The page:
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What does it mean to be Reformed?

That’s a good question!


There are many different answers people might give to what being a Reformed church means; everything from a confused look, to pointing to the 5 points of Calvinism. 


When we call ourselves “reformed” we are saying we are a church that stands in the tradition of the 16th century Protestant Reformation. Simply put, we are a Protestant church. In some ways you could sum that up doctrinally by saying two (2) things:

1.     We believe in the inspiration, inerrancy, authority, clarity, and sufficiency of Scripture. We hold that the Bible is the only rule for faith and practice. Ultimately the Bible and the Bible alone settles all questions of faith (what we believe and teach) and practice (how we are to live in obedience to the Lord Jesus Christ).

2.     We believe in the doctrine of justification by grace alone, through faith alone, in Christ alone, to the glory of God alone.  We are forgiven and accepted by a holy God solely because of the righteousness of Jesus Christ imputed or reckoned to us by faith alone. This was described by the Reformers as the "5 Solas" (Sola means "Alone"): Sola Scripture, Sola Christ, Sola Faith, Sola Grace, Sola God's glory. In other words: we are saved by grace alone, through faith alone, in Christ alone, as revealed by Scripture alone, to the glory of God alone.


So we are a Protestant church, but we are also a Reformed church in that we hold to the doctrinal standards--explanations of faith-- that were introduced by the churches of the Reformation.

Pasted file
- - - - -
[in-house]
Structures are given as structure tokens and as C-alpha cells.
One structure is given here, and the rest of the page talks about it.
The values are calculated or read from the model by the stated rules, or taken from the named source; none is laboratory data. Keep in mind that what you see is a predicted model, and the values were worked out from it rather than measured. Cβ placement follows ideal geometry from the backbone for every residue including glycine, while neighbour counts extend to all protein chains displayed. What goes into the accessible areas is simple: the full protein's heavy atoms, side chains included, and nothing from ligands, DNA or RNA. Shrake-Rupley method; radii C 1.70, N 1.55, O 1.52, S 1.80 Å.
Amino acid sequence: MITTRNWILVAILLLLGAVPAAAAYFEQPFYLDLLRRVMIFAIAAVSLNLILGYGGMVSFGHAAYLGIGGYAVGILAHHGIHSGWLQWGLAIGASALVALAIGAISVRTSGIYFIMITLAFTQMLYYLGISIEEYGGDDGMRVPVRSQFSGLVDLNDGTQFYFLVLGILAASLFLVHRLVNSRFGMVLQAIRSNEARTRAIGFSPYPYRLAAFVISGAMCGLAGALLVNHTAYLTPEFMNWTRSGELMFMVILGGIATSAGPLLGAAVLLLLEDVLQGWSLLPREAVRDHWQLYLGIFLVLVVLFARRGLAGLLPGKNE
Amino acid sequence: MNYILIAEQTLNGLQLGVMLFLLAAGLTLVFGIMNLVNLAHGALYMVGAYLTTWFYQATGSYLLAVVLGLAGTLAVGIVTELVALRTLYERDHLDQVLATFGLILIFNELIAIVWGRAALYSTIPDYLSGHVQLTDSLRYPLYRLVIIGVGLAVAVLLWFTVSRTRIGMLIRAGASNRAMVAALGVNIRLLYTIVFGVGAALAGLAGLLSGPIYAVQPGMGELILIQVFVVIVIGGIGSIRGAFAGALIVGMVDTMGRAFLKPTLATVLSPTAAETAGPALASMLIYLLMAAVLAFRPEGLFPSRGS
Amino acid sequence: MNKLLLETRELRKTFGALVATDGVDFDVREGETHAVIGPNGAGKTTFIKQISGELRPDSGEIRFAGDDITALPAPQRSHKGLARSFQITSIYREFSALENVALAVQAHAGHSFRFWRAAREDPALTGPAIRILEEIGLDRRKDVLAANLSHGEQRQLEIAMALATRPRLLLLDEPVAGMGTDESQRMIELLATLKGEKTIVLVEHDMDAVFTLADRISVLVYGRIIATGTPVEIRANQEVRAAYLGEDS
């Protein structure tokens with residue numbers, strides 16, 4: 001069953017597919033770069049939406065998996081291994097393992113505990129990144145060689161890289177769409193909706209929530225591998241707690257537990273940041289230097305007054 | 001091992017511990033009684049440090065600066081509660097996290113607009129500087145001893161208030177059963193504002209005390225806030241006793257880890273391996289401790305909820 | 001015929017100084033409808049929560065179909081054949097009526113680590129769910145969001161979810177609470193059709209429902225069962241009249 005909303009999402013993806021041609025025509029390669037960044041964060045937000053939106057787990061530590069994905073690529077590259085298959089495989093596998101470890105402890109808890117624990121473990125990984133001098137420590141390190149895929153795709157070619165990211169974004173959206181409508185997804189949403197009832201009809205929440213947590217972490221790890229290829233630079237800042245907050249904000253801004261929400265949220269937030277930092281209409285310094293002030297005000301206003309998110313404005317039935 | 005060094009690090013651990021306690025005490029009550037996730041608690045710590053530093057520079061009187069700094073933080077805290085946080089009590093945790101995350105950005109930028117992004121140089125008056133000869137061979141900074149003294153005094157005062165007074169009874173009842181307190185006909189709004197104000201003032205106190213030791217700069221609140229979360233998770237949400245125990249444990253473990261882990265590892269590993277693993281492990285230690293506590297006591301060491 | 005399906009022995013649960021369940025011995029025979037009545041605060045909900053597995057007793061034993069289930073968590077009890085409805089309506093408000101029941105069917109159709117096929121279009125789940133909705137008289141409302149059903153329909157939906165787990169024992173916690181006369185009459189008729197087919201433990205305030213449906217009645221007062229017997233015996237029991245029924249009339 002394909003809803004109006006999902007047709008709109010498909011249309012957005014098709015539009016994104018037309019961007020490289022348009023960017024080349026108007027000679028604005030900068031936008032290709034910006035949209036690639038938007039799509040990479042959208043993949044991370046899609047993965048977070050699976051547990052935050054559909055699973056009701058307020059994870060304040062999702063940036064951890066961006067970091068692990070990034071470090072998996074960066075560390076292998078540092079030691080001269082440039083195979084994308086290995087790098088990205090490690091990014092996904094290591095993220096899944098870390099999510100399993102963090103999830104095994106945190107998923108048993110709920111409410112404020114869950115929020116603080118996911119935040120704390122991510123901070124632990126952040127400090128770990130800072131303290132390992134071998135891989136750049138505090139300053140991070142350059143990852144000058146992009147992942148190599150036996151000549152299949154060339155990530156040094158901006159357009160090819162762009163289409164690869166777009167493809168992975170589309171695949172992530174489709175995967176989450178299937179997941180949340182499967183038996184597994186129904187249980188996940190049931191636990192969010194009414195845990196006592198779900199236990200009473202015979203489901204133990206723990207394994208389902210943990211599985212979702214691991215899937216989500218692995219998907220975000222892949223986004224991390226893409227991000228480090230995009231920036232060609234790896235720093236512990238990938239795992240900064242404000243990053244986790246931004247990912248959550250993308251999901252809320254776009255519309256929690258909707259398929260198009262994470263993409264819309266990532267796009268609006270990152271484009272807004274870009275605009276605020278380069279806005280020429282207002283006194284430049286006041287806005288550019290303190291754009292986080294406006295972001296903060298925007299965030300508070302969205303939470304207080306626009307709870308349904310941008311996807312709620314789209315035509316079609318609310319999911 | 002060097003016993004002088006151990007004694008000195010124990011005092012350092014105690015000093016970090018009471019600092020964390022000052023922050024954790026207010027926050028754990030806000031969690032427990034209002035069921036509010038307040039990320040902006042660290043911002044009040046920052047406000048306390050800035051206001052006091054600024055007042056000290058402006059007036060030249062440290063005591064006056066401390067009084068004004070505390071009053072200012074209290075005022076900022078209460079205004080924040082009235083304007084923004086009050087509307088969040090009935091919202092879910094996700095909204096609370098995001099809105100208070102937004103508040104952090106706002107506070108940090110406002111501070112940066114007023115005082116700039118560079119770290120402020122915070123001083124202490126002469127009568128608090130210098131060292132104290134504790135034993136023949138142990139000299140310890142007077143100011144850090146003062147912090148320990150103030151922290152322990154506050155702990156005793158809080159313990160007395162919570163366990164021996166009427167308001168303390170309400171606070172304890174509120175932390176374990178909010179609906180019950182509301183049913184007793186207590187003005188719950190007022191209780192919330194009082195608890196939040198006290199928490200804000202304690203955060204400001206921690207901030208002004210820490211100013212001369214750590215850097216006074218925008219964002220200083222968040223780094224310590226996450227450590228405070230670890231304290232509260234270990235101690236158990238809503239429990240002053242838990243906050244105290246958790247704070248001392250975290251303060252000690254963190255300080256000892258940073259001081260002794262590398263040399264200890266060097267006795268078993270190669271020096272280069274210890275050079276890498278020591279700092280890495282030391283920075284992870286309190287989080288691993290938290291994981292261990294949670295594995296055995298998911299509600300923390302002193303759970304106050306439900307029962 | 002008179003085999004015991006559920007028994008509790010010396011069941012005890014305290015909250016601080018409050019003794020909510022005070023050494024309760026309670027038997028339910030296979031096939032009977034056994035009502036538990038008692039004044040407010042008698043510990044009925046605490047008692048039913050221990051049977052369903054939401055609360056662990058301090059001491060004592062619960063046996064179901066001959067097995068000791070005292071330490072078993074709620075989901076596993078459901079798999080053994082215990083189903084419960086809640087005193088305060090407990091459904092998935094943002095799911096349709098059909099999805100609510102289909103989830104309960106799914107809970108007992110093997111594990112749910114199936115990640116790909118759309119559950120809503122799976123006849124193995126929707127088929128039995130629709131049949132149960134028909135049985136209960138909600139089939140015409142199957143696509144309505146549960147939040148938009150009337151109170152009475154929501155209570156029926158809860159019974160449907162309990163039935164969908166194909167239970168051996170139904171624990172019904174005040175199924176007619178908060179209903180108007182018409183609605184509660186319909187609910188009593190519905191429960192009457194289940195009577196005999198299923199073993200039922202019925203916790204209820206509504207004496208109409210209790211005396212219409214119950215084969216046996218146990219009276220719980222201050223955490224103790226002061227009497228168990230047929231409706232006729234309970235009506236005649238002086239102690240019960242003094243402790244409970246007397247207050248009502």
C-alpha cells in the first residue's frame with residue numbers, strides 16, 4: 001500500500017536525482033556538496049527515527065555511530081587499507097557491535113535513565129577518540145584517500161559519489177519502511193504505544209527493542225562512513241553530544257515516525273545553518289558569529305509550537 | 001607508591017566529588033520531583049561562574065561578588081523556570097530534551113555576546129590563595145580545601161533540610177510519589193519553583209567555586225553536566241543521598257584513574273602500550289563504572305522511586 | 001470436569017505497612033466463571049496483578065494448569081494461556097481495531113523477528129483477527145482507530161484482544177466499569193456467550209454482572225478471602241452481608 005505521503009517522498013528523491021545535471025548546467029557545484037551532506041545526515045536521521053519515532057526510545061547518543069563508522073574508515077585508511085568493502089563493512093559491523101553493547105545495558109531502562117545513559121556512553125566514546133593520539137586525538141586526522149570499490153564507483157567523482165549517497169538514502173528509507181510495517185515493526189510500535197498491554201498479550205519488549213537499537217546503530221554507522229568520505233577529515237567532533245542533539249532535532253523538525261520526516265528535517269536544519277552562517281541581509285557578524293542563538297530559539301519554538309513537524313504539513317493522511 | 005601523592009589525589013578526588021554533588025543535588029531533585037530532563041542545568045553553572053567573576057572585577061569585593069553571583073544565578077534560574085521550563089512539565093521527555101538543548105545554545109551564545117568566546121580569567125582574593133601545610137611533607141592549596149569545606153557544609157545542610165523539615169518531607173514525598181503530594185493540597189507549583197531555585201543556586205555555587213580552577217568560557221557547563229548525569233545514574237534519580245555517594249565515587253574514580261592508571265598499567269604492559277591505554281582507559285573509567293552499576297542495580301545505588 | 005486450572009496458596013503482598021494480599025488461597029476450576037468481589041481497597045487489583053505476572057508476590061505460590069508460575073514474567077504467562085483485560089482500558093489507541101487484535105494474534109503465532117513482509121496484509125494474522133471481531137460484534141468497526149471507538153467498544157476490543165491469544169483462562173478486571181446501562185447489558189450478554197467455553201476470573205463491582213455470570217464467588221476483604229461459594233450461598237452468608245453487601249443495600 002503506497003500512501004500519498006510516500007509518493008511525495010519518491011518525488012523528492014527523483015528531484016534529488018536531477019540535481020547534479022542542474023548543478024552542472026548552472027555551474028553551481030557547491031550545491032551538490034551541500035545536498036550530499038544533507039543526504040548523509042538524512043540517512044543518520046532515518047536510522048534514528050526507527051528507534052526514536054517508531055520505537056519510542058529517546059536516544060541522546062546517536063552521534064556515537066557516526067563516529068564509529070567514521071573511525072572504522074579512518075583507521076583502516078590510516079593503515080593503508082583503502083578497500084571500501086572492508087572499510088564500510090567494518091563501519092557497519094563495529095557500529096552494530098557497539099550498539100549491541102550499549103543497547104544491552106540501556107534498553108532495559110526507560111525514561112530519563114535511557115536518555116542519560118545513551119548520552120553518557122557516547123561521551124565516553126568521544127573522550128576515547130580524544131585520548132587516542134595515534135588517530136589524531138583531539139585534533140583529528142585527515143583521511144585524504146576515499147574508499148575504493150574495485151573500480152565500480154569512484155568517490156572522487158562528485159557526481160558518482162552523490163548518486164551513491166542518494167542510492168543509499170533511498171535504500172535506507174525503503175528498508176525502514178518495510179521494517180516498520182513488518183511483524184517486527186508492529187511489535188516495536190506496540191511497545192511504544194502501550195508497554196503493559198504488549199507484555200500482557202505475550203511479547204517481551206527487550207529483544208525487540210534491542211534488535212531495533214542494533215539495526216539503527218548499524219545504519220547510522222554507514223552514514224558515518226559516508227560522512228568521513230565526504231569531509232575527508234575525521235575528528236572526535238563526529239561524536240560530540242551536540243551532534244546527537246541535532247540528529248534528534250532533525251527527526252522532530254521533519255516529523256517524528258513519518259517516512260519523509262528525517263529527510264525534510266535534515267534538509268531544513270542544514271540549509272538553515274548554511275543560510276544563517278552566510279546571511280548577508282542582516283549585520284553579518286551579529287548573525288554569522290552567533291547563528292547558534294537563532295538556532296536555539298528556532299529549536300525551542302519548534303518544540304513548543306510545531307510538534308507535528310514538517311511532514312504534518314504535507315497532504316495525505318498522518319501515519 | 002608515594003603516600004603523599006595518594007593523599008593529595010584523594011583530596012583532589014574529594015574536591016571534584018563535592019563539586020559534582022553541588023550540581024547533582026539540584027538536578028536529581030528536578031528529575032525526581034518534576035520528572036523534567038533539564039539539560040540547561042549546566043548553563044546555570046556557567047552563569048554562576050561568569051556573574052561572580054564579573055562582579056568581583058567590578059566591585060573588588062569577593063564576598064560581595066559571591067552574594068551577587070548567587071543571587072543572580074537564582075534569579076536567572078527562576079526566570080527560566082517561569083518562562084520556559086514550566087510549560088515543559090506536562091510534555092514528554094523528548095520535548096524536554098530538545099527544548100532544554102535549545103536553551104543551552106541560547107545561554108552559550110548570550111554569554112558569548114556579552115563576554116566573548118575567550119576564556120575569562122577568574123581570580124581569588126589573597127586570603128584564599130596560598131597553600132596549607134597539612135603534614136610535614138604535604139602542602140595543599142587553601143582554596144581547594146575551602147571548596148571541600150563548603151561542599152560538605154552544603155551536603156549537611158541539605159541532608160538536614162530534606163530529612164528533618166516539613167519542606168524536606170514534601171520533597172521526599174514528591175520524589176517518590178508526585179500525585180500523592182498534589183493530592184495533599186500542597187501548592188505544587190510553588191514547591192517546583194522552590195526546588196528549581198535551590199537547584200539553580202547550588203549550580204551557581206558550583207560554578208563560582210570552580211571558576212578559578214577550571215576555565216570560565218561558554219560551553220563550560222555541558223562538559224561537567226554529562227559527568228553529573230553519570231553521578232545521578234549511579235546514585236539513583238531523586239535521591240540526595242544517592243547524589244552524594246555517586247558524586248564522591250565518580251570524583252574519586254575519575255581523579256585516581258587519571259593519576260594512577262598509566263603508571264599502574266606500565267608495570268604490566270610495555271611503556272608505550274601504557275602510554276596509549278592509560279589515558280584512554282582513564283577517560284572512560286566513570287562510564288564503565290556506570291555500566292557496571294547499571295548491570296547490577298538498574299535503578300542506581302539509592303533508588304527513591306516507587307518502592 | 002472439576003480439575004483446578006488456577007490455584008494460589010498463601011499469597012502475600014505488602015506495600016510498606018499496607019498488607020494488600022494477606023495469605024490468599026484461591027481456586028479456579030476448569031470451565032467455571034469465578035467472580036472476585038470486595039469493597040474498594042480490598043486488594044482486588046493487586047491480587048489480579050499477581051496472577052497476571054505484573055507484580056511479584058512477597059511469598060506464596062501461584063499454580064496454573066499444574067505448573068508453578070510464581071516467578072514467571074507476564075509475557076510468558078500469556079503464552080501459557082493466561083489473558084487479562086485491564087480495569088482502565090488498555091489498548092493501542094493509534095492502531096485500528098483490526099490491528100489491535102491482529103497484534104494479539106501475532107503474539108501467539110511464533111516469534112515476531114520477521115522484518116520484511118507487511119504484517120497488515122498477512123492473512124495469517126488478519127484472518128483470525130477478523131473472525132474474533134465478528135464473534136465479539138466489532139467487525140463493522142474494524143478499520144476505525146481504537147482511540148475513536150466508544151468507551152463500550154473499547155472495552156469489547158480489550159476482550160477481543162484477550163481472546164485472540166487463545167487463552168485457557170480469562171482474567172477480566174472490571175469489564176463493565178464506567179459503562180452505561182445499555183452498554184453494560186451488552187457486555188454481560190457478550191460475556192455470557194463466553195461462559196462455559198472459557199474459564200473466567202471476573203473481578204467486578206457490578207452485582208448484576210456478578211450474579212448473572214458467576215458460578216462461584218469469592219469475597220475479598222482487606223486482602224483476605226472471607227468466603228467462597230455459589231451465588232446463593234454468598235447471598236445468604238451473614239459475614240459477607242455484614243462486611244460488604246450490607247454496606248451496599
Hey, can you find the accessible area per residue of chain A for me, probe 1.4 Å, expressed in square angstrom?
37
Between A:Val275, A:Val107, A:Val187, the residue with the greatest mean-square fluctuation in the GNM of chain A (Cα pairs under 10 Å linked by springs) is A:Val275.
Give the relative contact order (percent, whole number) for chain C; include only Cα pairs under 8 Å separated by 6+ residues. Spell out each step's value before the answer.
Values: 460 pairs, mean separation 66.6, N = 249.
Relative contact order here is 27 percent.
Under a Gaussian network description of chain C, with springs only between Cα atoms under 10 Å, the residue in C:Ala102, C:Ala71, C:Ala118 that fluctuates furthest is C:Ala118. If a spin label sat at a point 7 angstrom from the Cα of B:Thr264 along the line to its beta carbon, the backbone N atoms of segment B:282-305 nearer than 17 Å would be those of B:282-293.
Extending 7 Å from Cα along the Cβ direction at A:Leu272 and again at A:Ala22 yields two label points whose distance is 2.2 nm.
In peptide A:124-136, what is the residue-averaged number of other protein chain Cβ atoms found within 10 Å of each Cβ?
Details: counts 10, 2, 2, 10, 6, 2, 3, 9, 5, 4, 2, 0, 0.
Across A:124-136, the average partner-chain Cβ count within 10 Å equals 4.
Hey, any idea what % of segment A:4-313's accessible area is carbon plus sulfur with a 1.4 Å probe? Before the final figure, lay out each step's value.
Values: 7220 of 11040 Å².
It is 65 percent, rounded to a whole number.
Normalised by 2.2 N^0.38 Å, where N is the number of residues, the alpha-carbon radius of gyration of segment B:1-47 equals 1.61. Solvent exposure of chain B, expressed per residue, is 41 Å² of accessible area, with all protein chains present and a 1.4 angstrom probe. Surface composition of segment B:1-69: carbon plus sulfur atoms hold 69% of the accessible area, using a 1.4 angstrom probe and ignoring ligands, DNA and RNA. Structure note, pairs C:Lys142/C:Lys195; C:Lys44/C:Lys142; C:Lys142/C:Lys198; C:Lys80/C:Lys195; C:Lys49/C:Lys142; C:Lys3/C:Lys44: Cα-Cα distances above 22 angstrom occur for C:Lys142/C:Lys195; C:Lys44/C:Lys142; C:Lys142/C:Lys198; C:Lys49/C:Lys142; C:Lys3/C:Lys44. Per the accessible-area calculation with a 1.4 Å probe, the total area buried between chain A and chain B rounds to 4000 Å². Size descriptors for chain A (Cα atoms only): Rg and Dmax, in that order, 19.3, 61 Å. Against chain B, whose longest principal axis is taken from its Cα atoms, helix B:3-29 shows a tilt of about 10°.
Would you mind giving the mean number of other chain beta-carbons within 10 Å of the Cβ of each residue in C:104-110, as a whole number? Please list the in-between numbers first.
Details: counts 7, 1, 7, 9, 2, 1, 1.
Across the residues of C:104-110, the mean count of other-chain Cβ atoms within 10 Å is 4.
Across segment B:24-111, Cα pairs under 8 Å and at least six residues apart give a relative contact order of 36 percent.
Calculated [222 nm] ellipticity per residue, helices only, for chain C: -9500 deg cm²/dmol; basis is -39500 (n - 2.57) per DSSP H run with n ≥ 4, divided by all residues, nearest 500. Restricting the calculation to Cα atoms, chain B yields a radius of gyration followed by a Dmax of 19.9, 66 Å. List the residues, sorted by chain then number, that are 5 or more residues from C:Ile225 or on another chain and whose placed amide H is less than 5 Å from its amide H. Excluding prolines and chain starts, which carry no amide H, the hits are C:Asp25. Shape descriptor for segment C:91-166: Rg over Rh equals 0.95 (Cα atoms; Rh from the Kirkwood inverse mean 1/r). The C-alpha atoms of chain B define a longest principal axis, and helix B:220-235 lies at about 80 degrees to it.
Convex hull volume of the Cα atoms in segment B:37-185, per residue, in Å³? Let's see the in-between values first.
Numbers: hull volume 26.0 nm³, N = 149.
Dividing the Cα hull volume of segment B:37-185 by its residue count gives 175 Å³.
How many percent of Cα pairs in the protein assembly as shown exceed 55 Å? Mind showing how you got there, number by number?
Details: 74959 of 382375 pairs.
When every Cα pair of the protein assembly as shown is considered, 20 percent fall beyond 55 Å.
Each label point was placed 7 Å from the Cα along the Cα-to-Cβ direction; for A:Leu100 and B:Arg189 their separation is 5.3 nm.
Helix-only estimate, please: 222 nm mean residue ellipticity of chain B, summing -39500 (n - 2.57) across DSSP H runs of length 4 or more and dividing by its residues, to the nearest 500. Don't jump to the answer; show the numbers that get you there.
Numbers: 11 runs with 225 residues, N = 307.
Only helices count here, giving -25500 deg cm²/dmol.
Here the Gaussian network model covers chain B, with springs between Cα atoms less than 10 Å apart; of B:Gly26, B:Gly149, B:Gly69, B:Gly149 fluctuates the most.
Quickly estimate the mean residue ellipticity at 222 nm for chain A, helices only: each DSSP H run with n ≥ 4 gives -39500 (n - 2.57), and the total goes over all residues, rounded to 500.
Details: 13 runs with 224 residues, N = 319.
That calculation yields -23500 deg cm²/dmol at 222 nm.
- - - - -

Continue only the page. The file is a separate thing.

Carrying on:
In Europe (think: Switzerland, Netherlands, and Germany etc.) the Reformed churches came to hold to confessional documents known as the “Three Forms of Unity” (which consist of three things: the Heidelberg Catechism, the Belgic Confession, and the Canons of Dort). These statements of belief "unite" Reformed churches. You can find them on our beliefs page. 


You may be familiar with the Presbyterian tradition; Presbyterian and Reformed churches essentially teach the same system of doctrine and hold to most of the same creeds and confessions. (Great minds do think alike!)


Along with many Christian Churches around the globe, we hold to three creeds that were written in the first few centuries after Christ's death and resurrection.


Hopefully you find this brief summary helpful in understanding what we mean by saying we are a Reformed church. Rather than just identifying us as part of a denomination, it identifies us as part of the broader movement of the Reformation in the tradition of John Calvin and others. 

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